What books do you wish you could have written?
Well, that’s easy. East of Eden and To Kill a Mockingbird, hands down. Do I even have to go into why?
I will, because it’s my blog and it’d be kinda stupid to publish a post with only 30 words.
My experience as a little kid could not have been different from Scout and Jem’s — yet when I read about them playing with Dill, walking to school, talking to Miss Maudie, I know Maycomb just as well as they do. I want to make Boo Radley come out, I know how it feels to run past Mrs. Dubose’s house so she doesn’t start one of her rants, I feel itchy and uncomfortable when Aunt Alexandra makes me wear a dress and sit with the other ladies, I know how hot and stuffy it gets in the courtroom, especially in the higher seats for the colored folk.
And at the same time, I’m looking at Maycomb from the outside, seeing the strengths and flaws of these people and not agreeing with (or even liking) all of them, but gaining an understanding for why they are the way they are. Of course, one of Harper Lee’s main points is that it’s worth making the effort to walk in another person’s shoes, so obviously she hammers that home. But she does it so damn well.
As for East of Eden, well, I can say all the same things — that Steinbeck places me in the saga of Adam and Charles and Cal and Aron so well that I see and feel and hear everything as they do — but I’d argue strongly that few are better than Steinbeck are better at physical description and setting. I mean:
These too are of a burning color — not orange, not gold, but if pure gold were liquid and could raise a cream, that golden cream might be like the color of poppies.
Seriously, what even is that? How does someone come up with that kind of description? How?
I think it was 18th-19th century literary theory that came up (or at least pushed forward) the idea of writer or poet as translator — that a poet like Keats sort of “receives” his poems almost as a vision, and what he writes down from it is but a poor translation for what he actually heard/felt/experienced. I remember my professor explaining it to us by asking, “Have you ever had this brilliant thought while writing an essay, but no matter how hard you try, you can’t make it sound right when you write it down?” And all of us were like YES. The idea was both that the poet (or any artist, really — painter or musician or dancer or anything) wasn’t the actual inventor of what he wrote — his poems came to him through some divine intervention — and that our language is inadequate for expressing those things, but it’s all we have and we make the best of it.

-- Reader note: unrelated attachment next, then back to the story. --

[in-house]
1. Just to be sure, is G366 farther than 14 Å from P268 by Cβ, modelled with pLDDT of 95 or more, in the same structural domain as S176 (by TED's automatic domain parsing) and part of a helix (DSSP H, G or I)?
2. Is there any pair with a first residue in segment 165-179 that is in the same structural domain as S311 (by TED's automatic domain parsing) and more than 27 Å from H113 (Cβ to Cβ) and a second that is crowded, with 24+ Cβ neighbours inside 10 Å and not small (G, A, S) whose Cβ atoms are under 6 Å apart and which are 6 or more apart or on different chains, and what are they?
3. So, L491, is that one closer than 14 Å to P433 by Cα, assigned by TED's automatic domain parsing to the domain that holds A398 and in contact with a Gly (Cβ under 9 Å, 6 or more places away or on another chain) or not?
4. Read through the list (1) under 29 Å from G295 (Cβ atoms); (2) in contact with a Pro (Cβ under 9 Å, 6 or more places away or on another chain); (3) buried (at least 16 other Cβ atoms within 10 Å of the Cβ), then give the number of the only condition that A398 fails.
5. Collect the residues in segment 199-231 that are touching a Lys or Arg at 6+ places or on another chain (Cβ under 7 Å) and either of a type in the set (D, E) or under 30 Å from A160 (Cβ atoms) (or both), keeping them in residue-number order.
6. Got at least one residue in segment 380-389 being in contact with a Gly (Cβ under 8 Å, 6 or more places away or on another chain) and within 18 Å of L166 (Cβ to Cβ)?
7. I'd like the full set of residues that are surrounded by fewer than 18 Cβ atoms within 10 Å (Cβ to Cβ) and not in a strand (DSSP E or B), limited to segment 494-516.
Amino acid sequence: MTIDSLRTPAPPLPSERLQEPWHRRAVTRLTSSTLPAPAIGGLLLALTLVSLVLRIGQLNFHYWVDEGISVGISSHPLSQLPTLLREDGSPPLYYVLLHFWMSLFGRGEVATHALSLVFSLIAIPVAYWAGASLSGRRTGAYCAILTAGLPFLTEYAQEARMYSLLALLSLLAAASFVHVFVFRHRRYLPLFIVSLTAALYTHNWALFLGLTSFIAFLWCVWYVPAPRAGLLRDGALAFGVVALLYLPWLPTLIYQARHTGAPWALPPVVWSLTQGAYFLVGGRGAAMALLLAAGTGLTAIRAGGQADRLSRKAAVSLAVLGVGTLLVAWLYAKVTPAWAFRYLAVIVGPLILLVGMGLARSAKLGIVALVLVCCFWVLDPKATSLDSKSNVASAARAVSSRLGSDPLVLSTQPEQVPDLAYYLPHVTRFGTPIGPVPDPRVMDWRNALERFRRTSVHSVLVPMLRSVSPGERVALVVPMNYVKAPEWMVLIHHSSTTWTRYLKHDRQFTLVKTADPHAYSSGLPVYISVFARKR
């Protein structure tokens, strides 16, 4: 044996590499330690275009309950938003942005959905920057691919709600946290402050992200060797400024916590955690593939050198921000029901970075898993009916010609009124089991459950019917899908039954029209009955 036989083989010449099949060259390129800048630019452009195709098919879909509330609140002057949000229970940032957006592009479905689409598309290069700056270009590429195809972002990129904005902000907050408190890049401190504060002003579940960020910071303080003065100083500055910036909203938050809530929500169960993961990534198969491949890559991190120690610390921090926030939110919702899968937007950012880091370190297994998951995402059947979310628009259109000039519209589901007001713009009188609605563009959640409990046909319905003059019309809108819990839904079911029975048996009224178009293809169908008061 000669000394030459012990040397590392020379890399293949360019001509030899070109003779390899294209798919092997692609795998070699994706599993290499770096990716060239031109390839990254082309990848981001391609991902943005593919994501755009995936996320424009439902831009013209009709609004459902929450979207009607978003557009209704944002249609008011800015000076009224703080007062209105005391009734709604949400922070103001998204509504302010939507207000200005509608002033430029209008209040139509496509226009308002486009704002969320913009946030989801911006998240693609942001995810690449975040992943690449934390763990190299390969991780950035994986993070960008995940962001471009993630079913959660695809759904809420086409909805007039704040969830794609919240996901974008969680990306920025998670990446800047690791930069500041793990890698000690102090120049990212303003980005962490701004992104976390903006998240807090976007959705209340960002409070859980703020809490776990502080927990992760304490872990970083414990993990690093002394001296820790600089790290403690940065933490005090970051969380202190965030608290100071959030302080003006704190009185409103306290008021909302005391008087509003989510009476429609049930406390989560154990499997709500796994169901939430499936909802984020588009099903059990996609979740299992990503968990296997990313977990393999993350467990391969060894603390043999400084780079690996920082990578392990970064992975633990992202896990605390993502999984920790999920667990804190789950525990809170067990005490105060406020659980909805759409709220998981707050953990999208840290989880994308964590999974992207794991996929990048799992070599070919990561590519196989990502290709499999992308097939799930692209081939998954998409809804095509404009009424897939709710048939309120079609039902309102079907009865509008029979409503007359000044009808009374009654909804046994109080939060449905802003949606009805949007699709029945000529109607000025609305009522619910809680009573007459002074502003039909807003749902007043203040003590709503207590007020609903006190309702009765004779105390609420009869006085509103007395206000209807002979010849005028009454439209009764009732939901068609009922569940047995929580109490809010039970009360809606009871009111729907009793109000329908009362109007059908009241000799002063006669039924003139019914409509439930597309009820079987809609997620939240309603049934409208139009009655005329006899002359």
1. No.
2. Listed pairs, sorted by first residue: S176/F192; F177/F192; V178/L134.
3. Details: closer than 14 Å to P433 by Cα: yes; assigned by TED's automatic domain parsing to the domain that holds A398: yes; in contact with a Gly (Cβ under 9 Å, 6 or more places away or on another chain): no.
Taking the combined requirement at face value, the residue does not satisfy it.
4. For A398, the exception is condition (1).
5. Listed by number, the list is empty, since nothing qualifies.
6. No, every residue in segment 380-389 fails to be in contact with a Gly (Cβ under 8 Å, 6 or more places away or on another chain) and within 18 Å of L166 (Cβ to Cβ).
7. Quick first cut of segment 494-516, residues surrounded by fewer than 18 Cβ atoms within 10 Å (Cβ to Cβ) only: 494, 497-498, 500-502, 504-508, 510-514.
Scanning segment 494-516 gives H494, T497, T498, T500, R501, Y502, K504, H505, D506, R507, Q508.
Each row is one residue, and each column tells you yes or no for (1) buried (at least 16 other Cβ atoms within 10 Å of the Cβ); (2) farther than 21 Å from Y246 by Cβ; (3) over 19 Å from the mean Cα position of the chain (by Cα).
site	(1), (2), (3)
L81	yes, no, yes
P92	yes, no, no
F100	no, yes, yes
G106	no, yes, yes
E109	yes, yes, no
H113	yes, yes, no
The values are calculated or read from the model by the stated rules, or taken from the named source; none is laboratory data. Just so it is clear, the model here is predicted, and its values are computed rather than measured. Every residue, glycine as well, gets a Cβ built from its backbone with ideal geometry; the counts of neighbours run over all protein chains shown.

(And if I remember that class right, Keats’ Ode to a Nightingale actually describes the process of having one of those “visions” and trying to capture it.)
Those old white guys were a little nutty, I’ll not deny that, but when you think of it, how many times do you say “There are no words for this”? When you fall in love. A first kiss. Watching a sunset. Driving into Yosemite Valley for the first time. When you hold your baby for the first time. Catching a wave on a surfboard. Launching of a jump on a snowboard. The smell of a first rain. All these sensations that you have to express, but words feel clumsy and awkward and inadequate. There are over a million words in the English language, but Greek has at least six words for love (and I think most can agree those are still not enough). Japanese has a word, I recently learned from Kiki, for the sunlight that shines through the leaves.
And we still don’t have a word to properly describe the color of poppies.
I guess what I’m saying is that, if you buy this “writers are translators” theory, Lee and Steinbeck are exceptionally amazing translators, and that’s who I aspire to be.